December is here already and that means it’s time for another Grain of the Month! This month the Whole Grains Council is featuring buckwheat. This versatile grain is worth learning about so you can use it in your winter recipes!
What is Buckwheat?
- Buckwheat is actually a pseudo-cereal, which means it is a non-grass (cereal) crop that is used in similar ways as a cereal crop.
- The buckwheat plant is bright green and has heart-shaped leaves with small white flowers.
- Buckwheat has been consumed for centuries and is currently used worldwide.
- Most people probably know buckwheat not for the plant itself but for the unique pyramid-shaped seed.
- Buckwheat is not actually a relative of wheat. So, how did its name come to be? The buckwheat groats (seeds) look similar to the larger beech tree seeds. Because of the similarities, people called the green plant beech wheat/buckwheat ever since.
How to use Buckwheat
- Buckwheat can be ground-up like a grain and used in things like pasta, pancakes, and many other recipes. It can add a nutty flavor to some of your favorite dishes.
- If you plan to cook the groat, make sure you coat them with oil or egg, then heat them in a skillet until dry. If you skip this step, the seeds will swell very large, then collapse into an oatmeal-like mush.
- Since buckwheat is actually a seed, not a grain, it is gluten-free and is safe to eat for those who have celiac disease or a gluten intolerance. The buckwheat groat can even be ground into gluten-free flour.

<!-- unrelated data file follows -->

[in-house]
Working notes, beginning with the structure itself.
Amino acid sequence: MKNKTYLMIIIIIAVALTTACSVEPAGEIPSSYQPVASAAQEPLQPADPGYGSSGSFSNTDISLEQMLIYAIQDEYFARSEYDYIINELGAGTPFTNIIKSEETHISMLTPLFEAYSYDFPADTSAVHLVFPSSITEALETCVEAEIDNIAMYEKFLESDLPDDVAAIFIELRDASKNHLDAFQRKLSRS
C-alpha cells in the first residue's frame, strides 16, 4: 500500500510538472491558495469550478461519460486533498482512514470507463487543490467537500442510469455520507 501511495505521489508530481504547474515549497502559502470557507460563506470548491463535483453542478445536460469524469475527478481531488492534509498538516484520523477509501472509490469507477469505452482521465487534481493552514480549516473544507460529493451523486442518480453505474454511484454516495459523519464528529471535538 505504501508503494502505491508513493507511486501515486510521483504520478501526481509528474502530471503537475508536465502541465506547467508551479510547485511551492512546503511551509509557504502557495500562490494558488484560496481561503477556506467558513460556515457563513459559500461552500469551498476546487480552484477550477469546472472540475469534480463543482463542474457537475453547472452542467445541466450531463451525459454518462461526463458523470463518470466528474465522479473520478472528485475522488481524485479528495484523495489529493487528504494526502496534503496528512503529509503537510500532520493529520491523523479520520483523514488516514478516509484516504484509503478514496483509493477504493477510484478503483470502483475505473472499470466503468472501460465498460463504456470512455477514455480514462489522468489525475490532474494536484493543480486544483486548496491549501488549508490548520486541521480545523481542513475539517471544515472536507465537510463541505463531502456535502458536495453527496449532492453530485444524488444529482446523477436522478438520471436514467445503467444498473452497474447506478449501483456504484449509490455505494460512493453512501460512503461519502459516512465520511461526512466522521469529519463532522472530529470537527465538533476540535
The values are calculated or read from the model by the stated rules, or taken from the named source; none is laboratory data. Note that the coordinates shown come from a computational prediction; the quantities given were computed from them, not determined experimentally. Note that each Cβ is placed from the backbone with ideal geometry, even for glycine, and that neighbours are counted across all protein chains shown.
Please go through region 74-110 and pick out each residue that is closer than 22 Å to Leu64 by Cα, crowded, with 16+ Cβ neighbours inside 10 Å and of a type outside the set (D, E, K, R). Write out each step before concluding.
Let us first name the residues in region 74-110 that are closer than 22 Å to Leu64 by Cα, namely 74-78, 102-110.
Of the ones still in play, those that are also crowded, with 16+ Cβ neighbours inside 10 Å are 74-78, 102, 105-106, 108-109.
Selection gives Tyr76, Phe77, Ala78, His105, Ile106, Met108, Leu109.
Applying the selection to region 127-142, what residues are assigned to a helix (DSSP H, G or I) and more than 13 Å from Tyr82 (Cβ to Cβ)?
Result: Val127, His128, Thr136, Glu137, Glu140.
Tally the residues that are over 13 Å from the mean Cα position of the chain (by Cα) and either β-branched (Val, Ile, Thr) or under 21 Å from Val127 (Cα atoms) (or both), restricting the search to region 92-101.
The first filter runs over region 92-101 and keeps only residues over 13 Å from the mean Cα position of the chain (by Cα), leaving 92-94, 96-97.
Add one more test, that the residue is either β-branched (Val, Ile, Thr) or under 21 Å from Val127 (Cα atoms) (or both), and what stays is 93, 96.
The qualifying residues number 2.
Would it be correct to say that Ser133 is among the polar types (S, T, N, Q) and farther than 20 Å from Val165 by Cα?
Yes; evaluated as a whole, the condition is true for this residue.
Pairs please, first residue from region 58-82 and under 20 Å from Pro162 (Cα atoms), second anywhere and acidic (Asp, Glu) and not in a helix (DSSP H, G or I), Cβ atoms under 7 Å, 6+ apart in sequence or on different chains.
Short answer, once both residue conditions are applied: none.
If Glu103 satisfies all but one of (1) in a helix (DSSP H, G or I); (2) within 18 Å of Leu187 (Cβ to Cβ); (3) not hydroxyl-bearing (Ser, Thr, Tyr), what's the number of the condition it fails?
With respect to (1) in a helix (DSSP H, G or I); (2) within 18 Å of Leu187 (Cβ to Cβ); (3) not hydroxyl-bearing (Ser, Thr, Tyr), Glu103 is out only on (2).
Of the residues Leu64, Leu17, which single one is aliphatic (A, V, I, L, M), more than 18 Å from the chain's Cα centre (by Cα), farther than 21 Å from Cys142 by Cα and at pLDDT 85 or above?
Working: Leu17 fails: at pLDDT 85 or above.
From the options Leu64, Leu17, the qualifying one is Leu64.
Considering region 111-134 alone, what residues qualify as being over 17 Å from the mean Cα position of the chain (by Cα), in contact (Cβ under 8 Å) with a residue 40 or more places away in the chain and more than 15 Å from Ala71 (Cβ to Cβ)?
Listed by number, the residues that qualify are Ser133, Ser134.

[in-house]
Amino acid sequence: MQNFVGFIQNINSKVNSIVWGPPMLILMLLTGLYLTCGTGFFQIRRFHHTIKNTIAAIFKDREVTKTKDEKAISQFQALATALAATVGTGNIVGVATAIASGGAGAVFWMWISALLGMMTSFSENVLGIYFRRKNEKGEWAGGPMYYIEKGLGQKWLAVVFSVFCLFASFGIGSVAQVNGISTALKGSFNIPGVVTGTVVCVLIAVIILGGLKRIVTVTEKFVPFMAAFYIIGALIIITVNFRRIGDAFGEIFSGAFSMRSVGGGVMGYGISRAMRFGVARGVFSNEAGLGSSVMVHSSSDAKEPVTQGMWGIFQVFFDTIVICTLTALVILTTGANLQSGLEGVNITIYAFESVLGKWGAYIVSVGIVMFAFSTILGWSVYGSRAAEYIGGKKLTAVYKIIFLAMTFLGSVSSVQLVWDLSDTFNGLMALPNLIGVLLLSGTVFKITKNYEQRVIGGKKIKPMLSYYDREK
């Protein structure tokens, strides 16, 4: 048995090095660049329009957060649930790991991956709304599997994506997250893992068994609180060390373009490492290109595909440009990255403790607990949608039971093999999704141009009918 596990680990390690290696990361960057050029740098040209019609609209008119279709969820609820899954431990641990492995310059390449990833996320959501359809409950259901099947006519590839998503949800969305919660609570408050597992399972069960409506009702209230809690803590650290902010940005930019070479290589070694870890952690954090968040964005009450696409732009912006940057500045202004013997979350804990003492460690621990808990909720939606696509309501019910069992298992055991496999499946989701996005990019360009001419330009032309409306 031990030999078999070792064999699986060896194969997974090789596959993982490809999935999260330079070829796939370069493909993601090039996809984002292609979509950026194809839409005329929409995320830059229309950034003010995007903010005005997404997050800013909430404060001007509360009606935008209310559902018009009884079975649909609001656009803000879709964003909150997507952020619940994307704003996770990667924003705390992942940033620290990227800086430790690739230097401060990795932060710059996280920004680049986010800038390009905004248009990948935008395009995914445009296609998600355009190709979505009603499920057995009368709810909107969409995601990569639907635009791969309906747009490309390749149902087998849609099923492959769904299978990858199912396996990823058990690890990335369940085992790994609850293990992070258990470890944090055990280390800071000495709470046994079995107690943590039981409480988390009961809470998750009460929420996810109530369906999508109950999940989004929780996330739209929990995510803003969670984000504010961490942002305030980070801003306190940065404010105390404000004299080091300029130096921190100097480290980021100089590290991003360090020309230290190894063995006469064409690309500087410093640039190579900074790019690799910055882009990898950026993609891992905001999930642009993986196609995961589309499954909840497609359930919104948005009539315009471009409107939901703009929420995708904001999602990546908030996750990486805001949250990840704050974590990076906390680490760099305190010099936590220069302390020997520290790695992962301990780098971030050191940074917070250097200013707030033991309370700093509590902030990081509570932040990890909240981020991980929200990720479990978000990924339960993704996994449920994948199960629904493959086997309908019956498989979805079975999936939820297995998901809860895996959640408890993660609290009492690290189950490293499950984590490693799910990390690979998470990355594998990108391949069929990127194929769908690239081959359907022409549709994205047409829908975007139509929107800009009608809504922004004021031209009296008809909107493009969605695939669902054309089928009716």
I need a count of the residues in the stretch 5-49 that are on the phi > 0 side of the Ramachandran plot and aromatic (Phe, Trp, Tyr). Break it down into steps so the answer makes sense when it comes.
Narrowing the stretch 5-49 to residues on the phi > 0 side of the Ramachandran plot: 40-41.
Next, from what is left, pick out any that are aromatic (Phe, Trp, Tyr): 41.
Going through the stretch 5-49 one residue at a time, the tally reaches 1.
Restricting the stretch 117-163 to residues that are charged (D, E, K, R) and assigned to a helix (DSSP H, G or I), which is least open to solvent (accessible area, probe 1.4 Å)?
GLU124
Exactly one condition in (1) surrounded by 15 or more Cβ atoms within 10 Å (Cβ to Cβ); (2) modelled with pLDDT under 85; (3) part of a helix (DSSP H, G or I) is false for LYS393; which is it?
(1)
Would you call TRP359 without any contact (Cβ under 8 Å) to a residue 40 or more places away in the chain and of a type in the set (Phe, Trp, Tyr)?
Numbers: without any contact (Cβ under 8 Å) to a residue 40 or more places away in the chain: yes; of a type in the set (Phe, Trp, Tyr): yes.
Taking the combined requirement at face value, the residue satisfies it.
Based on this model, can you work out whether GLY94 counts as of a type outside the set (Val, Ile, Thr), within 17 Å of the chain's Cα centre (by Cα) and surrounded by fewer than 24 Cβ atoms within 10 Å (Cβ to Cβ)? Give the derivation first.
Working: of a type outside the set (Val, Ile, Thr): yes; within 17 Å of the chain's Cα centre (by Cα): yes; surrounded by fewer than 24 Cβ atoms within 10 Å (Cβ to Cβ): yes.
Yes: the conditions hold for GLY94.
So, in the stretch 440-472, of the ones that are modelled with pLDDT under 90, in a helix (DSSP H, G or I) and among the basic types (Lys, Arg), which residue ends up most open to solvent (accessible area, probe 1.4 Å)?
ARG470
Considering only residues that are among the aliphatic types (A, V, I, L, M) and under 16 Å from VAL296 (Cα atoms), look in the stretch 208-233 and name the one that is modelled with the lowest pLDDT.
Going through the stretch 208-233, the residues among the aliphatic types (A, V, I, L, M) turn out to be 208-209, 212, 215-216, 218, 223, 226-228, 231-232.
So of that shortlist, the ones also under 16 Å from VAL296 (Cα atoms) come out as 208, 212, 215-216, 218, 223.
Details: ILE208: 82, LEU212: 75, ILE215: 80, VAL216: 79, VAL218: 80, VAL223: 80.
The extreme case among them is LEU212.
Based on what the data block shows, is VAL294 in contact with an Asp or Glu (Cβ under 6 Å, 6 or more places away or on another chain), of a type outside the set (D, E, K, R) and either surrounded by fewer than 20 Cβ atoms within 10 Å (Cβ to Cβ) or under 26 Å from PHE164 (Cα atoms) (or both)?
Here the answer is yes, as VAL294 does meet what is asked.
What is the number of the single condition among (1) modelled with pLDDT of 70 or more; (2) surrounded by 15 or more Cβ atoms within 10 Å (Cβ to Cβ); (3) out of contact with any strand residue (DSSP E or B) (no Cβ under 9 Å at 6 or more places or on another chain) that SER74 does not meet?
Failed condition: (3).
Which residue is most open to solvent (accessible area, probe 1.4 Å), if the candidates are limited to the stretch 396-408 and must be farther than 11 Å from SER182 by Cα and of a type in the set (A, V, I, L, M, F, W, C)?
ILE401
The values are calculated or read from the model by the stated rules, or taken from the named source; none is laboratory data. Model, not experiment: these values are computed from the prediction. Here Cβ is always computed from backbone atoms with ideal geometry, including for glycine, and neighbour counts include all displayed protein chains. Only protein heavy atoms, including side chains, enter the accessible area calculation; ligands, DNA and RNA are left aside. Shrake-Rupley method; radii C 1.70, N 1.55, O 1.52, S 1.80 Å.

Buckwheat has several health benefits.
- It is high in zinc which can help strengthen the immune system.
- It also contains potassium. Potassium can help maintain the body’s fluids.
- Buckwheat has the second highest protein level (the first being oats).
- It is rich in amino acids.
These benefits just scratch the surface. Visit this page for a list of additional health benefits.
- There is an International Buckwheat Symposium held every three years that is organized by the International Buckwheat Research Association.
- Preston County in the state of West Virginia holds an annual Buckwheat Festival!
- Discarded buckwheat hulls are sometimes used in homeopathic pillows or in heating and cooling packs.
- There are several notable celebrities that go by the name “Buckwheat”. Some of those being Buckwheat from The Little Rascals and Buckwheat Zydeco.
This unique seed can be used in a variety of recipes and not only provides a rich flavor but several health benefits as well.